Party loyalty, nostalgia and the allure of a glamorous, slender figure promising a better world to a roaring crowd might mislead us into confusing the magic of Barack Obama with the reality of the two Kennedy brothers we have lost. Denver's theatrical staging enhanced this evocation, presenting a groundbreaking youthful candidacy passing the generational torch and completing the American Dream.RTWT.
But if substance guides us rather than style, if character is more important than audacious ambition, then we should recognize that this time the mantle of genuine American leadership rests on a truly bipartisan figure: John McCain.
Like Jack Kennedy, McCain is grounded by heroic service as a naval officer. His patriotism requires no parsing. Like JFK, McCain understands that you cannot conduct foreign policy without understanding history. No person of that background could suggest a unilateral strike on Pakistan, as Obama did last year, apparently forgetting that this United States ally has nuclear weapons. Calling Obama's threat to Pakistan "misguided" at the time, Sen. Joe Biden also said the freshman Illinois lawmaker was unprepared to lead America. Calling McCain "my hero," Biden has stated that he would be delighted to share a ticket with the Arizona senator, whom he has suddenly begun to denounce.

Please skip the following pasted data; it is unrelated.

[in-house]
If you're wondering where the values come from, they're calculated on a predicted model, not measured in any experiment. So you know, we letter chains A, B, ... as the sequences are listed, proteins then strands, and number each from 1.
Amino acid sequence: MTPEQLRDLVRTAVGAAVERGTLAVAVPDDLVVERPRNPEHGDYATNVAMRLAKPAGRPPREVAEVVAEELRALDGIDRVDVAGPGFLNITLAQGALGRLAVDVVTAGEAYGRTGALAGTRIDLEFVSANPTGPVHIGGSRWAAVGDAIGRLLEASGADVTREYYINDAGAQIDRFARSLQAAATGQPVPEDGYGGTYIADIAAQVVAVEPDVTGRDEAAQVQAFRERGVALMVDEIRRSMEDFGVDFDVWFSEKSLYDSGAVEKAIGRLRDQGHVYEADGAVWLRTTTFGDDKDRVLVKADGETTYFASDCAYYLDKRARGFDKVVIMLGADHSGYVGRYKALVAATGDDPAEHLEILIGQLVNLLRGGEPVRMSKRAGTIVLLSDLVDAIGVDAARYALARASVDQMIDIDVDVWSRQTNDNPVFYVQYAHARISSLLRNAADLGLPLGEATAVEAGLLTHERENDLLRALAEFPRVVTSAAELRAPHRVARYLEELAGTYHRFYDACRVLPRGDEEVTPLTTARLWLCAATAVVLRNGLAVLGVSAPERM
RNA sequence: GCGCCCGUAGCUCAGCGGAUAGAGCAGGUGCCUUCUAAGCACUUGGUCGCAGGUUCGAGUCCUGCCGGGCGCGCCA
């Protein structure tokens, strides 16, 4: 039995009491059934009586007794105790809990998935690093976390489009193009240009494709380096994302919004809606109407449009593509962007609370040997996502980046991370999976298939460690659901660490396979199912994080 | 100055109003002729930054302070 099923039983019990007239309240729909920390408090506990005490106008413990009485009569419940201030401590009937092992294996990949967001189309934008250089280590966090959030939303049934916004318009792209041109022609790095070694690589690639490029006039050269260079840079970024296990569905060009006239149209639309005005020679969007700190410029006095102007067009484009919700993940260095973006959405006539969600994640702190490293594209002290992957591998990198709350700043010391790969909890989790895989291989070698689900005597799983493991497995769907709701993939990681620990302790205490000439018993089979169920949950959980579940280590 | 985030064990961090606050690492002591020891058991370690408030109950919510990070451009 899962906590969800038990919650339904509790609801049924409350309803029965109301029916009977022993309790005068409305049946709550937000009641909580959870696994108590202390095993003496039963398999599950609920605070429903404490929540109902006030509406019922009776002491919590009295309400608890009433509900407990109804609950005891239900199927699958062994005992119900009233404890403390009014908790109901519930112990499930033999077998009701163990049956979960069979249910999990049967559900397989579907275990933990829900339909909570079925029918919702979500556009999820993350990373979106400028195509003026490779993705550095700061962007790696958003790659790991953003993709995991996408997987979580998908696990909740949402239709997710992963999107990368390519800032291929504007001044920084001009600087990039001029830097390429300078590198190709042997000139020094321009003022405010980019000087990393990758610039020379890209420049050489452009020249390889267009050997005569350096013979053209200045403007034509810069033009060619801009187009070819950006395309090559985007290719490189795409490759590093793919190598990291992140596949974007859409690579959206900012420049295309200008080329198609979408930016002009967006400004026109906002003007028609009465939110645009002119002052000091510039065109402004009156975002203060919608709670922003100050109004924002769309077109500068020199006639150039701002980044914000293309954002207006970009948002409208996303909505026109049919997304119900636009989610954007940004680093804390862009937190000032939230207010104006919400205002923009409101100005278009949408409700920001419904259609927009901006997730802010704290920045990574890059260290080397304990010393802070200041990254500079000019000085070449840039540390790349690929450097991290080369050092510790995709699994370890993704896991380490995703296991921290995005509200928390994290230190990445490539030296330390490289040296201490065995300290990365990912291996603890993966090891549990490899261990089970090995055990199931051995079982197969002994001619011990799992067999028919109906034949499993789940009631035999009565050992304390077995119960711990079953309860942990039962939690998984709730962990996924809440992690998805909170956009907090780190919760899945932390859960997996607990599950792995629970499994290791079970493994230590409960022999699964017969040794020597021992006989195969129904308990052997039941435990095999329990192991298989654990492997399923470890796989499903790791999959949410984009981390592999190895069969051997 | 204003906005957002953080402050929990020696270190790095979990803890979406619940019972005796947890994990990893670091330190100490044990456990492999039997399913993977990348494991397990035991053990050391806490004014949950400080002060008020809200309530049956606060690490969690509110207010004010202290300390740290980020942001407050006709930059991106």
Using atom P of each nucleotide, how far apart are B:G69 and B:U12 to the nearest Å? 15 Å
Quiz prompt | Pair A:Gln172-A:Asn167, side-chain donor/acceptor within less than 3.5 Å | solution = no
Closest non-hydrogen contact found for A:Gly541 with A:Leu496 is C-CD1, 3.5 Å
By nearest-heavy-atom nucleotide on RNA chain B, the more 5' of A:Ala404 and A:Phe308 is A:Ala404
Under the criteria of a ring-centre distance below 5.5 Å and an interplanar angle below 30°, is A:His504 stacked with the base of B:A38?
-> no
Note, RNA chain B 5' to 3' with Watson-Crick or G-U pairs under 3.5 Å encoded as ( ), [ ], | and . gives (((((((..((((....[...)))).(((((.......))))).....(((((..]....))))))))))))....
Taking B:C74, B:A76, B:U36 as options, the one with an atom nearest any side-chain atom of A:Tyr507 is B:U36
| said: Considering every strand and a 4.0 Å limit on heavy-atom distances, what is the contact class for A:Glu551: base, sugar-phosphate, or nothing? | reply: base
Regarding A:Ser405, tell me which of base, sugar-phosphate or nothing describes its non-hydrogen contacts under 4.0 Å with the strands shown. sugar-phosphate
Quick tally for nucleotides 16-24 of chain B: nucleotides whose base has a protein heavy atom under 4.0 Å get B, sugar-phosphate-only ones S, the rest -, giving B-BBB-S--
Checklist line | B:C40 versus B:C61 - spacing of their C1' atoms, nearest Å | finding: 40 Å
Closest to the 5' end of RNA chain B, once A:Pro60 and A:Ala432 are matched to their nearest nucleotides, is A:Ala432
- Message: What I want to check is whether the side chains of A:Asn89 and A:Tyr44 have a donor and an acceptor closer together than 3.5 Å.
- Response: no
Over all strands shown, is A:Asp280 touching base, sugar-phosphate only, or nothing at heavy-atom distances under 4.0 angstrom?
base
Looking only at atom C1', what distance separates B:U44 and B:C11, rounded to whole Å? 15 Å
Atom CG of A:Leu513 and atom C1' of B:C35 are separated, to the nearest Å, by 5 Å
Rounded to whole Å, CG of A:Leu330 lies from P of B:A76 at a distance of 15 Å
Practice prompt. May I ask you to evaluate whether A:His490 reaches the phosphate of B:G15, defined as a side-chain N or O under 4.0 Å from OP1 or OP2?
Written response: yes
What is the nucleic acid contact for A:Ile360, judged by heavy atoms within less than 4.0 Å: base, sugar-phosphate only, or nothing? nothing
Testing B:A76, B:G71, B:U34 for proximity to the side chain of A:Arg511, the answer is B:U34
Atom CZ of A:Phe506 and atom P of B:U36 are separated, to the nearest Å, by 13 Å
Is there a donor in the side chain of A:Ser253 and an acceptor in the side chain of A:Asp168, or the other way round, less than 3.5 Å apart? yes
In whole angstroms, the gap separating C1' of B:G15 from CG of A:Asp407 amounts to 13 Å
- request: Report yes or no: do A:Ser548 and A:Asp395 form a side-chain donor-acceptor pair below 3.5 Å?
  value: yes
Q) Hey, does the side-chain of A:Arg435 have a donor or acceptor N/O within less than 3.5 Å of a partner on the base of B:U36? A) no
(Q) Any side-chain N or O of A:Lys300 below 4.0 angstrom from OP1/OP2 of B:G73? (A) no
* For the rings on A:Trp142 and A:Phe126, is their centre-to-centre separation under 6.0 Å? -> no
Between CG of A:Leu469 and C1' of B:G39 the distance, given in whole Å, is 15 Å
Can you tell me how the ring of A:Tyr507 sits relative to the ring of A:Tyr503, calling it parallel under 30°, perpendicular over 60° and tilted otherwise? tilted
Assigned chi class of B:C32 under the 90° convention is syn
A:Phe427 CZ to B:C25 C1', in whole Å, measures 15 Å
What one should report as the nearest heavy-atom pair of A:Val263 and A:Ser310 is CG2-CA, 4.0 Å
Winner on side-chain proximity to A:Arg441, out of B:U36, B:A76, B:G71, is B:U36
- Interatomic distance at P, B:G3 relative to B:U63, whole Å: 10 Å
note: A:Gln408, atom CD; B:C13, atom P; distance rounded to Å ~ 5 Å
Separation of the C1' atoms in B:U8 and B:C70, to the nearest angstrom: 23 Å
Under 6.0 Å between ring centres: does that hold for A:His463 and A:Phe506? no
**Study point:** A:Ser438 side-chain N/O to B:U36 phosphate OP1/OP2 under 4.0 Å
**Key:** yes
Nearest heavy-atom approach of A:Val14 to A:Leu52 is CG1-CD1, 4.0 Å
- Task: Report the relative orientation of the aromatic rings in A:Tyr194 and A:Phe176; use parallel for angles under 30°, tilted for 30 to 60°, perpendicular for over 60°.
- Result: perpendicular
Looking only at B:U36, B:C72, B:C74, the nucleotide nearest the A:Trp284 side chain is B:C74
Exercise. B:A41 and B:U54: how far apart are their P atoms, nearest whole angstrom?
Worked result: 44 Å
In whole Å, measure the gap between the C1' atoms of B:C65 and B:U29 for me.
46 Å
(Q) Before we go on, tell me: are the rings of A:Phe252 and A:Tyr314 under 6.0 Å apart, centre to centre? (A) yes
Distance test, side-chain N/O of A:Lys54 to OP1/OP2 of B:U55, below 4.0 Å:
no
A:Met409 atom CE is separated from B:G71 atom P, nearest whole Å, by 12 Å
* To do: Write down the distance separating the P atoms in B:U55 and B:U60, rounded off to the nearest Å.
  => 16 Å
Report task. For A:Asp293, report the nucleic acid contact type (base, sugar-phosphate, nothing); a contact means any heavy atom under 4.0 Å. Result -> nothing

I was in Berlin in 1961 when the Soviets built the Wall. President Kennedy immediately promised total support to West Germany. A tough foreign policy realist, he would respect McCain's prompt robust denunciation of Russian aggression in Georgia, rather than Obama's over-advised spineless prevarication. "The UN must stand up," said Obama, when he himself failed to do so.
Little wonder that, just two days ago, The New York Times reported that Russia's Vladimir Putin is "deeply concerned about the possibility that Mr. McCain ... could become President."
As McCain does today, in 1960 John Kennedy campaigned on cutting taxes and strengthening America's armed forces. Like Reagan, Kennedy was an eager sprinter in the arms race, saying that we must reverse the "missile gap," the alleged missile superiority of the Soviet Union. President Kennedy established that lower taxes mean more jobs and more revenue, facts ridiculed by Obama and embraced by McCain.
As with McCain, reform was at the heart of Robert Kennedy's early service. He fought the Democratic machine and spent enormous energy rebuilding Bedford-Stuyvesant in Brooklyn by encouraging black economic development rather than government dependency. Working for him nights and weekends to assist black startup businesses in Bed-Stuy, young volunteers like myself learned that Bobby was not the typical far-left ideologue or partisan operative, as Obama was until recently. Like RFK and unlike Obama, McCain sees private enterprise and personal responsibility, not government, as the essential principles of political economy.
CIRCULATE IT TO YOUR DEM FRIENDS WHO SUPPORTED HILLARY OR WHO ARE ON THE FENCE...
AND VOTE ACCORDINGLY.